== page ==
The conference gets its name from the first meeting in 1954 at the Bilderberg hotel in the Netherlands.
Critics say the organization’s benign description doesn’t come close to reality. It is at the Bilderberg’s annual meeting, they argue, that the world’s real rulers make major decisions with global implications, such as choosing future political leaders surreptitiously.
Some say the group also is laying the groundwork for an eventual one-world government, for plans to impose worldwide population control, and for using such global issues as climate change to repeal democracy or free speech.
What is discussed behind closed doors this year likely will remain secret, but the sheer level of security and precautions taken to keep the conference below the radar has piqued public curiosity and concern, Mr. Jones said.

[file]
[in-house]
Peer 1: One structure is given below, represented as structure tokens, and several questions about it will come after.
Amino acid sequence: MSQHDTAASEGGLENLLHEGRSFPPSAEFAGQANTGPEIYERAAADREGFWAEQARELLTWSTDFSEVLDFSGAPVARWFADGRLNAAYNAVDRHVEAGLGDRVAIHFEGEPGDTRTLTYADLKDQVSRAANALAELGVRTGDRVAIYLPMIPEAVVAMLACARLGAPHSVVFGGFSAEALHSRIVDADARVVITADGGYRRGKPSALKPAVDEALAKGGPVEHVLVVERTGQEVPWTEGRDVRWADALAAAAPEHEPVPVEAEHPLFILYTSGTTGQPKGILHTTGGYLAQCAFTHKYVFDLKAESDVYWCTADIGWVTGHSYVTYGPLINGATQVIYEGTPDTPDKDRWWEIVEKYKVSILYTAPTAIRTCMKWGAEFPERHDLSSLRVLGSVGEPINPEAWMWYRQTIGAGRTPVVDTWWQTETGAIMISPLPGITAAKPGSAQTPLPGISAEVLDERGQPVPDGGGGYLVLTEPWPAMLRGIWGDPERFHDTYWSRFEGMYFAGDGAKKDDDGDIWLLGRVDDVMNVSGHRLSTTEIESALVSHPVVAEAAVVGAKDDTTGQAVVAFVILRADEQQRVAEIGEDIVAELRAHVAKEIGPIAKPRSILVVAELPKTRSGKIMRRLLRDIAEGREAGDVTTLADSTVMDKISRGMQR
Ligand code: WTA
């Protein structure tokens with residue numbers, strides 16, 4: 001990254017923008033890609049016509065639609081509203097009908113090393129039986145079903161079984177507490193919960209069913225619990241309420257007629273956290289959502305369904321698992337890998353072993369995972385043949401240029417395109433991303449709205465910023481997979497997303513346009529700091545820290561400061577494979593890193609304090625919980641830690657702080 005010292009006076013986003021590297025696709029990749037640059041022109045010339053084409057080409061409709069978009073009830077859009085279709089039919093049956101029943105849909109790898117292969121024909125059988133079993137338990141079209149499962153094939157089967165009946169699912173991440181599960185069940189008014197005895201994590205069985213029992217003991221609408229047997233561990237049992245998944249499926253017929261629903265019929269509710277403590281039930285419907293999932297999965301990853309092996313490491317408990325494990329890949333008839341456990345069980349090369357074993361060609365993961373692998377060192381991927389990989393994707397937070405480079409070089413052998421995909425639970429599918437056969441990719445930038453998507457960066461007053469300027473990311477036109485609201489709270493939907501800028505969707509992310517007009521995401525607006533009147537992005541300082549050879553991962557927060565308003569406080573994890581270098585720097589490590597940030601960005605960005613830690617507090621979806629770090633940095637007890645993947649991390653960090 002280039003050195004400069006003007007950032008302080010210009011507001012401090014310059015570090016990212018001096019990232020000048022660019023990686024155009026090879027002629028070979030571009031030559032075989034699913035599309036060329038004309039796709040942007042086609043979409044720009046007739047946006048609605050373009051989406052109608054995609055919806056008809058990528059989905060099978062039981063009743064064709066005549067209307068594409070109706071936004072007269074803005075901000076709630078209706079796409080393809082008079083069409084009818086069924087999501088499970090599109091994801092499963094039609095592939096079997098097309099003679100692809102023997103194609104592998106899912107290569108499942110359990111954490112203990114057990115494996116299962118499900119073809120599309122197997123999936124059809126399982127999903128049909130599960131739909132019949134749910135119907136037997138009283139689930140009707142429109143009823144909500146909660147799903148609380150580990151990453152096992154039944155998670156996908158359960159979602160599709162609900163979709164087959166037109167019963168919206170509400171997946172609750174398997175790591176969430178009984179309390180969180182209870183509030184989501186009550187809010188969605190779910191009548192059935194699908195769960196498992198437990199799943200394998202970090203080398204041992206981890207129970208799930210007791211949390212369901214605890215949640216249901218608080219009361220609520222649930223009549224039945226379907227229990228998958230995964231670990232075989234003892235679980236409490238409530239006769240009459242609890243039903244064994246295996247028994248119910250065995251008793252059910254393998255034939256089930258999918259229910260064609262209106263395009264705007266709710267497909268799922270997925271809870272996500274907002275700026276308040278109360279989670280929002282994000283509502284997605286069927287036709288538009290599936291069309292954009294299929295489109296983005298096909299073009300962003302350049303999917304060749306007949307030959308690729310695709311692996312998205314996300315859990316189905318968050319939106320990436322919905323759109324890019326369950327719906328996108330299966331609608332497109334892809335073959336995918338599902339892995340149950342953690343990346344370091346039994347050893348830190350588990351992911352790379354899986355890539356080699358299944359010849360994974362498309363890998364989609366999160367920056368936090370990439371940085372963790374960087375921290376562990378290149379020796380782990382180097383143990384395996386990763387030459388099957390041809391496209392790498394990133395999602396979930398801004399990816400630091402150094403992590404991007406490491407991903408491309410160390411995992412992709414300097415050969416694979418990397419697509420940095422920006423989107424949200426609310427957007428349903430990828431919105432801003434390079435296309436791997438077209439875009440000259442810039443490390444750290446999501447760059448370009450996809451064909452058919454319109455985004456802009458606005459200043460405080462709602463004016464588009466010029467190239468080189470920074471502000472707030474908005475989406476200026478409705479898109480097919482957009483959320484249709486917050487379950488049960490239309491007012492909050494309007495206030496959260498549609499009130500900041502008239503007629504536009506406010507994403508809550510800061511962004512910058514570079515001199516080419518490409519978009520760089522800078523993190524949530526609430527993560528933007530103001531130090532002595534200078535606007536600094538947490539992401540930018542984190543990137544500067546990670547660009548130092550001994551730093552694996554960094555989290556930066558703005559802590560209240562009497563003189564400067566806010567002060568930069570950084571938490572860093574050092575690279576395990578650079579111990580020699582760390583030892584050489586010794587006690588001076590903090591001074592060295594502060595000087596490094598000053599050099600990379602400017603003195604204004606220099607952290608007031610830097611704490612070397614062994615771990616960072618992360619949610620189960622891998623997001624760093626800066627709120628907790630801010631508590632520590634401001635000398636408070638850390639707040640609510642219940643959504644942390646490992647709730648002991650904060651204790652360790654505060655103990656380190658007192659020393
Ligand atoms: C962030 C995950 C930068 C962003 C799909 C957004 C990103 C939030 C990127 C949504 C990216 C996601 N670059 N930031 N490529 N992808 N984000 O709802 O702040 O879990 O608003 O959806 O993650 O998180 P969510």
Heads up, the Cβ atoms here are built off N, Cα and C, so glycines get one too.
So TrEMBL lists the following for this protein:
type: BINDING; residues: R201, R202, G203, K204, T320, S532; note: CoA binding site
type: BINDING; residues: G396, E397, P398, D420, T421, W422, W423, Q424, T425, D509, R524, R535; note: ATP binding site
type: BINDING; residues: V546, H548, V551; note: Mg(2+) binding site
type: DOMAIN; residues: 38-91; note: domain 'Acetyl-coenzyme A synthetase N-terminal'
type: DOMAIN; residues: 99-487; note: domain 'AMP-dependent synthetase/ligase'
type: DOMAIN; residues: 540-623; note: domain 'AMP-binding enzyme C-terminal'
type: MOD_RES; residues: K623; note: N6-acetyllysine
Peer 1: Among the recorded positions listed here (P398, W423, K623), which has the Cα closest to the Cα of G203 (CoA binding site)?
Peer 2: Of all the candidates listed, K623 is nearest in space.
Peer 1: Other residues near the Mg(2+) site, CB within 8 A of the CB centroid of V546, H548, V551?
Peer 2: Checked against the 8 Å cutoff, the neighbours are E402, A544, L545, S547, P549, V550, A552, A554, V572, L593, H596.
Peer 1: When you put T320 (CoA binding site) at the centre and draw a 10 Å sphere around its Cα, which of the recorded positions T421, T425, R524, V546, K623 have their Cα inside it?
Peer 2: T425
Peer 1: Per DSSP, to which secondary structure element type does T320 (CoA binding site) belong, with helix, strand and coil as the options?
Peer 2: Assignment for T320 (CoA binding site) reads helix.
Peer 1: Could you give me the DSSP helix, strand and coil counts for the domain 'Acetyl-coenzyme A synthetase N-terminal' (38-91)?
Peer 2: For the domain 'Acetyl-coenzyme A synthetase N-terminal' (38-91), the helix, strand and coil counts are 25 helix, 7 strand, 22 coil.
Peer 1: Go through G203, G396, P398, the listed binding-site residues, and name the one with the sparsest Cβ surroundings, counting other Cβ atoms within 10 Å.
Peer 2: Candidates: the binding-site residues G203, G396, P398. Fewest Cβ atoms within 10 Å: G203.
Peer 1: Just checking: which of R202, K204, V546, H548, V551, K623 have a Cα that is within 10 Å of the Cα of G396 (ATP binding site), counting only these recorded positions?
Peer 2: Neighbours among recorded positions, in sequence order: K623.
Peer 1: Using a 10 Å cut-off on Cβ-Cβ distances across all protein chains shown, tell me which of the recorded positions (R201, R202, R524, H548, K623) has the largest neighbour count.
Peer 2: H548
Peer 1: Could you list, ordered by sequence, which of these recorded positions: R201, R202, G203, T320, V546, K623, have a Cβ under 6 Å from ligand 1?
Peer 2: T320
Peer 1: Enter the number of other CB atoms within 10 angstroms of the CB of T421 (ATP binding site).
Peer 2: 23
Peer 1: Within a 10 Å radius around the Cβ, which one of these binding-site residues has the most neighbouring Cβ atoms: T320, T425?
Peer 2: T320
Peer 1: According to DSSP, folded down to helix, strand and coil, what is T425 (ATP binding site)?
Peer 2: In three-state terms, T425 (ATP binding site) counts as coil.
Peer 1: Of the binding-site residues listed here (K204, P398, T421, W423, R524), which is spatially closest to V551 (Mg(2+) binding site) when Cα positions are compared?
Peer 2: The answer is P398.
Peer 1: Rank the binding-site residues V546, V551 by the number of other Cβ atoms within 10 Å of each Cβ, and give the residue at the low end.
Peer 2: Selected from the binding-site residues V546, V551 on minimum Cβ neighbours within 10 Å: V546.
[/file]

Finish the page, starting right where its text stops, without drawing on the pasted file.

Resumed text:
“It’s all of this meeting in secret business. … People know this stuff isn’t good,” he said.
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Ben Wolfgang is a national reporter for The Washington Times. Before coming to the Times, he spent four years as a political reporter in Pennsylvania. His focus is on education and science policy. Ben lives in southeast D.C. and has played guitar in several bands while still in Pennsylvania. He can be reached at firstname.lastname@example.org.
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